MAR 06, 2016 5:00 AM PST

Omega-3s may lower breast cancer risk for obese women

Omega-3 fatty acids fight inflammation, which may explain why they seems to lower the risk of breast cancer in postmenopausal women who are obese.
 
Obesity is a major breast cancer risk factor in postmenopausal women, and scientists believe increased inflammation is an important underlying cause.

“Omega-3 fatty acids have an anti-inflammatory effect, so that’s one of the reasons why we suspected it may be particularly effective in obese women,” says Andrea Manni, professor and division chief of endocrinology, diabetes, and metabolism at Penn State College of Medicine.

Some epidemiological data supports the idea that omega-3s protect against breast cancer, but the findings have been inconsistent. Data from normal-weight women may have obscured the results, researchers say. These women have less inflammation than heavier women, and are therefore less likely to benefit from anti-inflammatory omega-3s.

To tease apart the effects, researchers looked at the influence of prescription omega-3 supplementation on breast density in different weight women. Breast density is a well-established biomarker for breast cancer risk, and may be an independent risk factor, as well. They report their results online in Cancer Prevention Research.

“The higher the breast density, the more likely the woman will develop breast cancer,” Manni says.

Published in the journal Cancer Prevention Research, the study included 266 healthy postmenopausal women with high breast density detected by routine mammograms. The women either received no treatment, the antiestrogen drug Raloxifene, the prescription omega-3 drug Lovaza, or a combination of the two drugs.

At the conclusion of the two-year study, the researchers found that increasing levels of omega-3 in the blood were associated with reduced breast density—but only in women with a body mass index above 29, bordering on obesity.

Although Lovaza contains both of the fatty acids DHA—375 milligrams—and EPA—465 milligrams, only DHA blood levels were associated with breast density reduction. The researchers plan to test the effect of DHA alone in obese subjects, potentially in combination with weight loss, in a future trial.

“The finding supports the idea that omega-3s, and specifically DHA, are preferentially protective in obese postmenopausal women,” Manni says. “This represents an example of a personalized approach to breast cancer prevention.”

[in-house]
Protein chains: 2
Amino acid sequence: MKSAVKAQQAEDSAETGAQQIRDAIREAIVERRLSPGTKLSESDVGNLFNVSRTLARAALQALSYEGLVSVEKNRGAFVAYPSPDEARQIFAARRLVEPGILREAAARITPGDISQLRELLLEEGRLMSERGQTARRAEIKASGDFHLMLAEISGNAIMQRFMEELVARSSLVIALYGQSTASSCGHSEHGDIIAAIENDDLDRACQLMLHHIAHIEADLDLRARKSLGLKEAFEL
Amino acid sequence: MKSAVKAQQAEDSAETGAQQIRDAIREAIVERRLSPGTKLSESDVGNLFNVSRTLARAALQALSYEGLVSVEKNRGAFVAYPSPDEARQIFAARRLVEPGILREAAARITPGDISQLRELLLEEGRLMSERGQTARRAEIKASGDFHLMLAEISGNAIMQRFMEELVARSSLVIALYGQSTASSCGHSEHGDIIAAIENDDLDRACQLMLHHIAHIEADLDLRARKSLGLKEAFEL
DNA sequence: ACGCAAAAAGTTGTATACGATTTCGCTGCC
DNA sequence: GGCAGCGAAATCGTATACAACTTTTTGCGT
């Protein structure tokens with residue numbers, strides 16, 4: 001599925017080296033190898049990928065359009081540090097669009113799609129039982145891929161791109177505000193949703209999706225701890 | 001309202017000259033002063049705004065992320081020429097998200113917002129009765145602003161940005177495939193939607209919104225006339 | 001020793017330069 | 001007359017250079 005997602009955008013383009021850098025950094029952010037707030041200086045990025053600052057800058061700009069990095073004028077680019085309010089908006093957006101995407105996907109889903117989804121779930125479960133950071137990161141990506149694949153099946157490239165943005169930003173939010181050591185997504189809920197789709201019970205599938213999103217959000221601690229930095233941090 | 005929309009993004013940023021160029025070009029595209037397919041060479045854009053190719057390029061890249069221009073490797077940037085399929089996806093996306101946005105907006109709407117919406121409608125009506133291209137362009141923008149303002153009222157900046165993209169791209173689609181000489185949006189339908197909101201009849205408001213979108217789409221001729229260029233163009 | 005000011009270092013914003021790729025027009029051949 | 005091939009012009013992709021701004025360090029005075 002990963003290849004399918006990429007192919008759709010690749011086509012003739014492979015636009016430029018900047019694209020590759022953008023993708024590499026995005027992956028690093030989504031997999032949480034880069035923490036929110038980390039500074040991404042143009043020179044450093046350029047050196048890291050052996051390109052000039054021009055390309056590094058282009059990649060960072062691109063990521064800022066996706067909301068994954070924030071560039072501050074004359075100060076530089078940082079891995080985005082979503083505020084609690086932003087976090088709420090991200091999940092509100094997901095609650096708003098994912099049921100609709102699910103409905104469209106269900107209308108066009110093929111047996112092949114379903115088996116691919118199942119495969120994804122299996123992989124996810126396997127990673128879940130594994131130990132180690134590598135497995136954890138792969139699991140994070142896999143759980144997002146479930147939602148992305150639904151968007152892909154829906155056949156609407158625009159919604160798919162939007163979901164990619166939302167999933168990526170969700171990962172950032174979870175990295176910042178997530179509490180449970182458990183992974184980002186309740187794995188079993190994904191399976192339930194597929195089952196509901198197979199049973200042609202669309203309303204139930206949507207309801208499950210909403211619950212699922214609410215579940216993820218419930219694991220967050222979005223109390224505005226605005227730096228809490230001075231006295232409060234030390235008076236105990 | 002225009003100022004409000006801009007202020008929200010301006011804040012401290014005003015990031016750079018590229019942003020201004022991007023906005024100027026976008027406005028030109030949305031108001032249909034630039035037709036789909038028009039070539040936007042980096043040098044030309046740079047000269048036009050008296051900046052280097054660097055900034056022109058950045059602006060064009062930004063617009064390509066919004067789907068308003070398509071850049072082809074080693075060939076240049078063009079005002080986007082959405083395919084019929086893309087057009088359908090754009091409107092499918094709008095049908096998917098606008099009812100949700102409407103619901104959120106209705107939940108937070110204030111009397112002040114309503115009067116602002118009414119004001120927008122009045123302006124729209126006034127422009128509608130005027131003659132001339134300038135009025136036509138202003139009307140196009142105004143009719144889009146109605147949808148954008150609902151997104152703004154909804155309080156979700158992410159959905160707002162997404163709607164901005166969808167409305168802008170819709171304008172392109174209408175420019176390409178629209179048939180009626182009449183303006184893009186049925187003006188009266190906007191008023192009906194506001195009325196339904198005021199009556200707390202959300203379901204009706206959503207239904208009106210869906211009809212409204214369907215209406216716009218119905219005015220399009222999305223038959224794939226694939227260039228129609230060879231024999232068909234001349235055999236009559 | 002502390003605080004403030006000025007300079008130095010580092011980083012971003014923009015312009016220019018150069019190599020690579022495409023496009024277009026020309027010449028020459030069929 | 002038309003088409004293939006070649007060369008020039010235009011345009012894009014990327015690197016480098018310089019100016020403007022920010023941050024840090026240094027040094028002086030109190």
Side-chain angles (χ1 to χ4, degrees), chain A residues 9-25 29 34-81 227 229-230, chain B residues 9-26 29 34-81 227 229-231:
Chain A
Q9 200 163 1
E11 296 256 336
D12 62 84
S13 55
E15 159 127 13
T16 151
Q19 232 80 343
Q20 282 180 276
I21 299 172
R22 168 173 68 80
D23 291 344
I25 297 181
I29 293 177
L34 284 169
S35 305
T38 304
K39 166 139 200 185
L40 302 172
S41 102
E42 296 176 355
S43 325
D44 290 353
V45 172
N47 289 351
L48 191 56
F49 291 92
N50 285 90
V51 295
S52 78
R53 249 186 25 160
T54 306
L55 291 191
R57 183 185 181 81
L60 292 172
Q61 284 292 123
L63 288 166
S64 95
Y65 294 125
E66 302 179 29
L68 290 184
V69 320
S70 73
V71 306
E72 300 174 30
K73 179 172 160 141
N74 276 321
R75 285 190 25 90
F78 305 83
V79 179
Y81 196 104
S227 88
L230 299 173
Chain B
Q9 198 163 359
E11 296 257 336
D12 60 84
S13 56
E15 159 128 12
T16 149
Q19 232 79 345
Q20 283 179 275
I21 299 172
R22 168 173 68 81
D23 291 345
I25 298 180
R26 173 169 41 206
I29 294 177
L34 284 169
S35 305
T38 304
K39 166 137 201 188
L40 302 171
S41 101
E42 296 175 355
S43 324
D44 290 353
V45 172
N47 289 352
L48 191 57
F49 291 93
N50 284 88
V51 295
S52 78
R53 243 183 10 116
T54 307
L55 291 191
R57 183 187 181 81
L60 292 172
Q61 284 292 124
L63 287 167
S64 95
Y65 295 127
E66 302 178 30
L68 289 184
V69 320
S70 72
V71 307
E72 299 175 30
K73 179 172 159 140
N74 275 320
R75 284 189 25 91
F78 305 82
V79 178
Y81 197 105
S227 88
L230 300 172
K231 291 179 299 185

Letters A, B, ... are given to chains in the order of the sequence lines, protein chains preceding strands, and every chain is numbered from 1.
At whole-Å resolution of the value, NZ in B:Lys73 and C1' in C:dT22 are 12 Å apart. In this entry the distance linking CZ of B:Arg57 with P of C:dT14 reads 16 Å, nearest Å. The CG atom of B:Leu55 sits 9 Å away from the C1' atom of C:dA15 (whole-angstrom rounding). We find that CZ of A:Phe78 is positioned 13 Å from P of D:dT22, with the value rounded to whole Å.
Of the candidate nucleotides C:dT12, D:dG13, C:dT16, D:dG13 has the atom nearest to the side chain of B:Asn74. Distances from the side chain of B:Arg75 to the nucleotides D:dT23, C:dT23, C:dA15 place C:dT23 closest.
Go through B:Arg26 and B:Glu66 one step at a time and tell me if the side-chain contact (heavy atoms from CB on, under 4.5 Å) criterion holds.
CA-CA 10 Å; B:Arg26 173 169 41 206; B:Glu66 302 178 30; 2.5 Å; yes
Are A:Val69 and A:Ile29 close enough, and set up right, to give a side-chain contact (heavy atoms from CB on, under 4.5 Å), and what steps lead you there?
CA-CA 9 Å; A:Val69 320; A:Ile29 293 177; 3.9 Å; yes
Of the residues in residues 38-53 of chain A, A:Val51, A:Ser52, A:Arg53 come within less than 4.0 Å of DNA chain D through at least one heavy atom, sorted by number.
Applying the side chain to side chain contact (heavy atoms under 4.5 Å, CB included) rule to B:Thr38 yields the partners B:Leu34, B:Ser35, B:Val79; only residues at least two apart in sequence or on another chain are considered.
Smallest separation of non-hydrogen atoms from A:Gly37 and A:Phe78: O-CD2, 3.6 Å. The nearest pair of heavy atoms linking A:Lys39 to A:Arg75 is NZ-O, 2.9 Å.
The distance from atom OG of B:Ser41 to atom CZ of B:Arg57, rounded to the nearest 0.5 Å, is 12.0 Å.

These findings may help to support future research looking at the direct effect of omega-3 supplementation on breast cancer incidence in obese women. Further, with obesity-related cancers on the rise, the findings could have implications beyond breast cancer.

The researchers also made a secondary discovery. Lovaza is an omega-3 drug FDA-approved for the treatment of severe high triglycerides at the dose of 4 milligrams daily. In the current study, the combination of Lovaza and a half recommended dose of Raloxifene at 30 milligrams, was superior to the individual treatments in reducing triglycerides and LDL (“bad”  cholesterol) and increasing HDL (good cholesterol).

Other researchers from Penn State and from Emory University and Colorado State University are coauthors of the study. Susan G. Komen for the Cure and Penn State Hershey Cancer Institute funded the work.

Source: Penn State

This article was originally published on futurity.org.
About the Author
  • Futurity features the latest discoveries by scientists at top research universities in the US, UK, Canada, Europe, Asia, and Australia. The nonprofit site, which launched in 2009, is supported solely by its university partners (listed below) in an effort to share research news directly with the public.
You May Also Like
MAR 09, 2021
Cannabis Sciences
Cannabis Alleviates Neuropathic Pain from Chemotherapy
MAR 09, 2021
Cannabis Alleviates Neuropathic Pain from Chemotherapy
Neuropathic pain from oxaliplatin-based chemotherapy regimens occurs in up to 90% of patients, and continued exposure to ...
MAR 11, 2021
Cell & Molecular Biology
Deadly Cancer Cells Can Move in the Wrong Direction
MAR 11, 2021
Deadly Cancer Cells Can Move in the Wrong Direction
Cancer is most deadly when it metastasizes; when cells break away from a primary site of cancer and move through the bod ...
MAR 24, 2021
Cancer
What toxic chemicals are lurking in your couch?
MAR 24, 2021
What toxic chemicals are lurking in your couch?
New research published in the journal Environment International suggests a weekend trip to the nearest furniture st ...
APR 03, 2021
Drug Discovery & Development
Why Are Some Cancer Therapeutics Ineffective?
APR 03, 2021
Why Are Some Cancer Therapeutics Ineffective?
Why don’t some cancer therapeutics not work in humans when they were successful in mice? The answer to this questi ...
APR 10, 2021
Cancer
Administration of this immune-stimulating drug pre-surgery could help pancreatic cancer patients
APR 10, 2021
Administration of this immune-stimulating drug pre-surgery could help pancreatic cancer patients
New findings support the administration of a CD40 immune-stimulating drug to early-stage pancreatic cancer patients in a ...
APR 08, 2021
Cancer
What can modifiying cultured cells to act more like normal cells teach us about cancer?
APR 08, 2021
What can modifiying cultured cells to act more like normal cells teach us about cancer?
A team from the University of Louisville has developed a technique to make cell cultures act more like normal cells. Thi ...
Loading Comments...